From the beginning I’ve been an open supporter of Bernanke’s decision to pursue quantitative easing as a strategy for promoting short term liquidity and long term growth, because at the time it made plenty of sense. America’s financial institutions squandered their initial recapitalization funds on private jets and executive severance packages with taxpayer dollars against the behest of the FED . QE meant that the Federal Reserve was going to handle the situation personally, taking on fair levels of risk in the hope that with enough cash on hand, banks would start lending and Americans could finally get back to work. Three years and two trillion dollars later, Corporate America sits comfortably atop a Mount Olympus of inelastic demand with bulging balance sheets of billions in low interest cash and millions of unemployed jobseekers. As the FED gears up to push $40 billion or more a month onto the economy I grow more concerned, because giving bankers money without any legal authority to make them use it just isn’t working. So what’s the world’s most powerful banker to do when all his cards are on the table? Simple, he takes them back.
Instead of continuing to put billions in new cash on the market for corporate America to stockpile, Bernanke should give a pop quiz of sorts for the financial system to
- Determine whether or not continued injections of cheap capital are required to provide liquidity for credit markets
- Ascertain the true cash position and capital reserves of systemically relevant financial institutions
- Create conditions that would dminish Wall Street’s confidence in accelerated levels of monetary stimulus.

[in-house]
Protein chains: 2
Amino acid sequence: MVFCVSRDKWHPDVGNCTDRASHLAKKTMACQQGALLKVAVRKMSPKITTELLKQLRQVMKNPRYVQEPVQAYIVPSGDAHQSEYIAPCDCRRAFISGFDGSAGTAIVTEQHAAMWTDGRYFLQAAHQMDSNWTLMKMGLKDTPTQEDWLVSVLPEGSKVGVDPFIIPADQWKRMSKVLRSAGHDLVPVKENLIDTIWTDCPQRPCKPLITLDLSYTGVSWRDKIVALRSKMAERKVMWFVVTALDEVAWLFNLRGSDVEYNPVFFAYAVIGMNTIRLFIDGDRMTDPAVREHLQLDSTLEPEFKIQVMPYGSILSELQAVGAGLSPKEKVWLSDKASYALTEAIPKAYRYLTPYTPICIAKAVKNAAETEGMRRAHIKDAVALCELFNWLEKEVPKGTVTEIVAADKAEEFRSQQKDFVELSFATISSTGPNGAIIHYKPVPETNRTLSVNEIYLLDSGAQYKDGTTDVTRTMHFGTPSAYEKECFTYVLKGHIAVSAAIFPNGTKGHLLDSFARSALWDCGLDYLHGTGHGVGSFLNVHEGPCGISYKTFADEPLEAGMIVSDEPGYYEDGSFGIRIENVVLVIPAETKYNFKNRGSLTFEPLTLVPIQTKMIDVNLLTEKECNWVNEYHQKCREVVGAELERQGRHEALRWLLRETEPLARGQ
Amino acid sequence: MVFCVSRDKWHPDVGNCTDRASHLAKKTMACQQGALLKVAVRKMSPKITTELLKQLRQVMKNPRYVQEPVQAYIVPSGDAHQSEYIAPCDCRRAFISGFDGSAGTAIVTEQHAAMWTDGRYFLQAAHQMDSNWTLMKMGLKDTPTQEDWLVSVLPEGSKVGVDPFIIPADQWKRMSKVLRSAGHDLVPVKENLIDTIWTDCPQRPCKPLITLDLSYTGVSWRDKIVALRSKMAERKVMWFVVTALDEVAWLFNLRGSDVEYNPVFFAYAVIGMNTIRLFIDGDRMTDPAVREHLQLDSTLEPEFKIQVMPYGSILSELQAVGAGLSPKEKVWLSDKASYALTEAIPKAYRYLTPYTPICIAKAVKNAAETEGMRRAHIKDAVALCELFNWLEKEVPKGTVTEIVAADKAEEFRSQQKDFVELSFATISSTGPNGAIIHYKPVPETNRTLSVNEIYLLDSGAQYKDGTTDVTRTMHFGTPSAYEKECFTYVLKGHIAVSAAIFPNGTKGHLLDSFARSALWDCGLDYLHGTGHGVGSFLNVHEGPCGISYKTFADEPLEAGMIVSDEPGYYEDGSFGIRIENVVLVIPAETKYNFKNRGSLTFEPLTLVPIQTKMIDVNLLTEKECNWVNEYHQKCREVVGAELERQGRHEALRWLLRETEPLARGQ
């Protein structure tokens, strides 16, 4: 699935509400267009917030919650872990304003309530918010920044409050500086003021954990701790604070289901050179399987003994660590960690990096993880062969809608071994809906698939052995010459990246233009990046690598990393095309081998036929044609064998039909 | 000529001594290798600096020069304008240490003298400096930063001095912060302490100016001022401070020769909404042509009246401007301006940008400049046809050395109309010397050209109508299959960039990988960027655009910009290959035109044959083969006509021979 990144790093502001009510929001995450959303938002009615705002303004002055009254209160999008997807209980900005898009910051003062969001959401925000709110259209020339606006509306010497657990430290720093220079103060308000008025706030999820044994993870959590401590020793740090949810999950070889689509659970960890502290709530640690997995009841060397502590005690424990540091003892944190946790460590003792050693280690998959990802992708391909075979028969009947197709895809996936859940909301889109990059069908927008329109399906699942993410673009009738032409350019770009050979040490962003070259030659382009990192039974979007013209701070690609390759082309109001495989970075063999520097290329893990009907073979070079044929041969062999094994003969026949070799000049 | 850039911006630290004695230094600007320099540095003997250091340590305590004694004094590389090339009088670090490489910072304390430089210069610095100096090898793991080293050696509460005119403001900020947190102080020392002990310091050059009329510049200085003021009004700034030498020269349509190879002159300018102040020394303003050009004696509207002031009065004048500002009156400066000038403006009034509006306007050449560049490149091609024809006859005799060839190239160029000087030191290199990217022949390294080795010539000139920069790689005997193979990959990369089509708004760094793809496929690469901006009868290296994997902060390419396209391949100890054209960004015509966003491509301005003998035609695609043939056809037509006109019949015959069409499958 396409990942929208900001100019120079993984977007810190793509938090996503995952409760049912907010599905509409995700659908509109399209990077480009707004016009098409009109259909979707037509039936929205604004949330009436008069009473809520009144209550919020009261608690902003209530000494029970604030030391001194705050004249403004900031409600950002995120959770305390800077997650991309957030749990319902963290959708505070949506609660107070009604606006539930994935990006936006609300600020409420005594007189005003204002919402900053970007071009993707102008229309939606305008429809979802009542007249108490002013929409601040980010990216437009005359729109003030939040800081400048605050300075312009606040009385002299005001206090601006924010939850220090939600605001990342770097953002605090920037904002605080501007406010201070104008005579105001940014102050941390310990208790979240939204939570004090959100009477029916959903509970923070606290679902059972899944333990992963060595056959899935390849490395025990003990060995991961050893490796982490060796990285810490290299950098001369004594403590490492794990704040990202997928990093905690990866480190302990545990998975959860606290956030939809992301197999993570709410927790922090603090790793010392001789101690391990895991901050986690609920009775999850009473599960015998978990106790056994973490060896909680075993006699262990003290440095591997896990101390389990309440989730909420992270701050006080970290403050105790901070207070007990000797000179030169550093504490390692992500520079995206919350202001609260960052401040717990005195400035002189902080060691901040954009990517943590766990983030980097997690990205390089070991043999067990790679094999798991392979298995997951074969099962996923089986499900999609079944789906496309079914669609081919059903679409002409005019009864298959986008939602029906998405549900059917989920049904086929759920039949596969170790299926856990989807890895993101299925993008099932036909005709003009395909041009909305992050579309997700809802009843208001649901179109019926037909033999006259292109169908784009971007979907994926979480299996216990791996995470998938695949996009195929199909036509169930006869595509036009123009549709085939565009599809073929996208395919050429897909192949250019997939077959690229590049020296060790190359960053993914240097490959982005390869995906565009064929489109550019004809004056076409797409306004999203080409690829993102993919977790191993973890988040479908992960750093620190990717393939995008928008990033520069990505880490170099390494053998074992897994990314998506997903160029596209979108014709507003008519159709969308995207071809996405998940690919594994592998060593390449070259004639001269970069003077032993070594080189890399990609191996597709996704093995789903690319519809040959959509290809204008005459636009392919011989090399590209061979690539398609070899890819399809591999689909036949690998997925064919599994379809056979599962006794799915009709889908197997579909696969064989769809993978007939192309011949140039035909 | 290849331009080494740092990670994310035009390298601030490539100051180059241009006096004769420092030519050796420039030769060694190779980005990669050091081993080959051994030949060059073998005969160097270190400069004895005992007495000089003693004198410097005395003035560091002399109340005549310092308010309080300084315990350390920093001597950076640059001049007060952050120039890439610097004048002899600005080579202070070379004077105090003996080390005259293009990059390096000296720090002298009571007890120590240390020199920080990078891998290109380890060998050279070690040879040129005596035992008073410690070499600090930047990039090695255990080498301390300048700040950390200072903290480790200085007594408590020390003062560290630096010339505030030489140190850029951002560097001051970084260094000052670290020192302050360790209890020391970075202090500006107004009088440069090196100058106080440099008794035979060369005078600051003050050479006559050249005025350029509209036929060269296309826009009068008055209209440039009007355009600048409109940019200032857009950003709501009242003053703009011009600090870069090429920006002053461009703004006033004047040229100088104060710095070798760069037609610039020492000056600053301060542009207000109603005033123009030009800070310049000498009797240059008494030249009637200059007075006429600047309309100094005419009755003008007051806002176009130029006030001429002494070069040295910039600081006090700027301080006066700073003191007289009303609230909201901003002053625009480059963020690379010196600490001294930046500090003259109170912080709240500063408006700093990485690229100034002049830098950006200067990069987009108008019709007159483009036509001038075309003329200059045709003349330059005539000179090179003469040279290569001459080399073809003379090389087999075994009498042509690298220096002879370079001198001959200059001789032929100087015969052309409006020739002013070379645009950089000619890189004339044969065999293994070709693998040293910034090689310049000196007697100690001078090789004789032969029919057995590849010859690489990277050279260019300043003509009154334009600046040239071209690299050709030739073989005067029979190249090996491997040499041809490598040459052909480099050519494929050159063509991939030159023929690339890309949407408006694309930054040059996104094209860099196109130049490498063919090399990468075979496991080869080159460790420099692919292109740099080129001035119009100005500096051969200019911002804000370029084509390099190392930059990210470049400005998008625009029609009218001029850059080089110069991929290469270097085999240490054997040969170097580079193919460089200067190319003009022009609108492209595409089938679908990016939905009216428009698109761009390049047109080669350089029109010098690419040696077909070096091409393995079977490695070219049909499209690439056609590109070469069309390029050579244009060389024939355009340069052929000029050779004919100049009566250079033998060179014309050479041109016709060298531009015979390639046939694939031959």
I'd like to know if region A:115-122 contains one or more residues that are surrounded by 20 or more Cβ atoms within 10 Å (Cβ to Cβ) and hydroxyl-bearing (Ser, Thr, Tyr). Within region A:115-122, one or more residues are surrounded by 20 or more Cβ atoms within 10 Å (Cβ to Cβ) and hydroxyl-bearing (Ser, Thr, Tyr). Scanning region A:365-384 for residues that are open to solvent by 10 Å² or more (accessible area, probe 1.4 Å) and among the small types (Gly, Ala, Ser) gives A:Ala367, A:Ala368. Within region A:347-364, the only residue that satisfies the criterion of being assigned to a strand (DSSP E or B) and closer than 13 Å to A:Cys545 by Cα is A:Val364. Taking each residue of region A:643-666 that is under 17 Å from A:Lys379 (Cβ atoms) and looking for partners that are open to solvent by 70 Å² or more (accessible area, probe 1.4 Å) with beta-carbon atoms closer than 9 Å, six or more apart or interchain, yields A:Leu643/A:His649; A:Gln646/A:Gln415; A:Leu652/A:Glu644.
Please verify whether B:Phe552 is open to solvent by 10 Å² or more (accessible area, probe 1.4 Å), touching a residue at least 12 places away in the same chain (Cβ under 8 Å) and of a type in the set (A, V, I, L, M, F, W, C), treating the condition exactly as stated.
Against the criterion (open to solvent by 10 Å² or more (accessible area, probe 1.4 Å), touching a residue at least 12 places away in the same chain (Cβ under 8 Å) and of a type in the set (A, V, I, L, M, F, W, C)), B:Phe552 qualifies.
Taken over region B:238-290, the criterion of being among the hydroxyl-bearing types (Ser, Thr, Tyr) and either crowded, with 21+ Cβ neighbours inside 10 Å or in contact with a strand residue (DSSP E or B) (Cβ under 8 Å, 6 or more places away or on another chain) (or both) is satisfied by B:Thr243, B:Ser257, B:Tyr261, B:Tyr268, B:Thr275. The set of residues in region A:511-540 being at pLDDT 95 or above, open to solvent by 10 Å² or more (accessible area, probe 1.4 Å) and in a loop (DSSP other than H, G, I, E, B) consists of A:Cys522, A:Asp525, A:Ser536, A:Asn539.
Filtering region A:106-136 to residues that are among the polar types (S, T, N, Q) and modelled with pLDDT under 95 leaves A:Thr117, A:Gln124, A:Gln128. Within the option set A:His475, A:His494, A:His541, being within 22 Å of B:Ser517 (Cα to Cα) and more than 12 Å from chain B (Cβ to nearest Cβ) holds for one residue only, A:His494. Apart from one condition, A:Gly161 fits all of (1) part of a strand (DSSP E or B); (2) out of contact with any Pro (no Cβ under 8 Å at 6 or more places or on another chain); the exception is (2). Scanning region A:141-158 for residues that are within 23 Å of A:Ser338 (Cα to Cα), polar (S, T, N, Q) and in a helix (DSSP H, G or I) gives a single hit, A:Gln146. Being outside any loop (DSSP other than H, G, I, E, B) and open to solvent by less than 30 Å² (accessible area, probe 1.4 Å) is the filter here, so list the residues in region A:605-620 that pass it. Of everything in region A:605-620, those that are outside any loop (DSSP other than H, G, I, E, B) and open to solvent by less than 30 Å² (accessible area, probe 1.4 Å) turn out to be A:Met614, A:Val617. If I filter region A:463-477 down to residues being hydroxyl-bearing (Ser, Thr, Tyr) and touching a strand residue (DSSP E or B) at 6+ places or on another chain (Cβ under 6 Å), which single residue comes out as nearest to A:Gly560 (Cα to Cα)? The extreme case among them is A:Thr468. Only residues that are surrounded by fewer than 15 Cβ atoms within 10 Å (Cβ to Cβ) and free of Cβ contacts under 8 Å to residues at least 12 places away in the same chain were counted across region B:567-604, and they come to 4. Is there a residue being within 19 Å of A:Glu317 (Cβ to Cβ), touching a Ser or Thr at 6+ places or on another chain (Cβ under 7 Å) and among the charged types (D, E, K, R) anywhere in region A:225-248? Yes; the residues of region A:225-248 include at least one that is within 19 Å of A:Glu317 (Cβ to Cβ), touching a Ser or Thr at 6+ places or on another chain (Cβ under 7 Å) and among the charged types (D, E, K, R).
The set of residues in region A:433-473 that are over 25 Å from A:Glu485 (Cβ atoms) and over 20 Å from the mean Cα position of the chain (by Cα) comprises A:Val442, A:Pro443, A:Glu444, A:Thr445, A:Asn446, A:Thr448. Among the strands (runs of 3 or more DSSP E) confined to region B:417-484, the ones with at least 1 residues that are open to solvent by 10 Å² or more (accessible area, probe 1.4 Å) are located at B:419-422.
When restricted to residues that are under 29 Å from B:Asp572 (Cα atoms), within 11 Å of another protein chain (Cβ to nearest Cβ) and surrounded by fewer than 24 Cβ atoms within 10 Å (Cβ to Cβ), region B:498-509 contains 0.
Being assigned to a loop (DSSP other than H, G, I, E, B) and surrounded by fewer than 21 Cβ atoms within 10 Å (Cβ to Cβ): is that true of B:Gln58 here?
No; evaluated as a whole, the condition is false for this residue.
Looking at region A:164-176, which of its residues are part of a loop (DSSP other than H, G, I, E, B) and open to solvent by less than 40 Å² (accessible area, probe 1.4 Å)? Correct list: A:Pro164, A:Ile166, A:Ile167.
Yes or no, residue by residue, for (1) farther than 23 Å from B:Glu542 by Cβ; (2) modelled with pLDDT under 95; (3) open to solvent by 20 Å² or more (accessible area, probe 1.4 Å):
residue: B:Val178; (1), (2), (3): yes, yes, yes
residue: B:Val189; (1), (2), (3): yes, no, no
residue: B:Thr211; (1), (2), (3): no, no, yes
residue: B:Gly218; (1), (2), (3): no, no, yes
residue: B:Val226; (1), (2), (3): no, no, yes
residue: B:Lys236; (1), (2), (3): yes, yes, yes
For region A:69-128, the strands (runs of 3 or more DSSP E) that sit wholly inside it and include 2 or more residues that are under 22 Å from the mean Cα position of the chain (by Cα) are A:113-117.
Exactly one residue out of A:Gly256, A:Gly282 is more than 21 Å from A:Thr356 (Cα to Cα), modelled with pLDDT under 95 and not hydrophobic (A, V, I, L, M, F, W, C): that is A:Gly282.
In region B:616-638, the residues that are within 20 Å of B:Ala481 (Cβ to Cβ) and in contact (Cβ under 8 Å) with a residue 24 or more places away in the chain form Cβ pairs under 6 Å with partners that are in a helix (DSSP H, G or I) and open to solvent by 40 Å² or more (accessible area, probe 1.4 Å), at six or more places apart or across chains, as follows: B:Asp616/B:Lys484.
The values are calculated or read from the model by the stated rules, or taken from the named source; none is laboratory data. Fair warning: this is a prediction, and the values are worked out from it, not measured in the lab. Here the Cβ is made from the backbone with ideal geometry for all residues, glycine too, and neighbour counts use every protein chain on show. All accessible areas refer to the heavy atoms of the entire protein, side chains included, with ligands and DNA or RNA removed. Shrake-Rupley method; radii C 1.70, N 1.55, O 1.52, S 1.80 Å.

To conduct such a test, the Federal Reserve should reduce its monthly asset purchases from $40 billion per month, to $15 billion while simultaneously raising the Federal Funds Rate target range from its current 0.00-0.25 percent to 0.75-1.00 percent. This strategy contracts the stream of government capital flowing into the economy while making the borrowing of money from Federal Reserve Banks more expensive. Ideally, the FED would initiate changes at the beginning of Q2-2013 and continue them until the end of Q3.
The overall aim is to force banks into a position where they would need to dig into their capital reserves and add risk to their balance sheets. The test intentionally contracts the markets primary supply of liqudity with a $25 billion reduction in QE spending, meaning that the gap would have to be compensated for by the financial sector. Then the FED sells some its risk back onto the market to raise short term interest rates, which will expose the real strength of the banking sector, as interbank loan interest would increase in relation to Federal Funds. Markets alongside the FED would be able to assess the cash positions and capital reserves of the nation’s banks, as institutions with ample reserves in cash will be able to take on more risk through lending, and also will be able to borrow at lower interest rates. Banks unable or unwilling to cope with higher rates would be discovered and the central bank would have a clearer idea of where to lend, rather than filtering capital through the entire banking system.
Given Bernanke’s committment to accomodative policy until America makes significant headway on unemployment and growth, it’s unlikely the Federal Reserve would pursue this course. However, QE’s power to catalyze growth throughout the broader economy wanes with each use, as firms prefer to simply garrison the cash rather than invest it through job creation and hiring. With Congress embroiled in the debate over tax and entitlement reform, fiscal policy to address this problem isn’t likely to arrive anytime soon. This problem falls to the FED to resolve, and something has to give.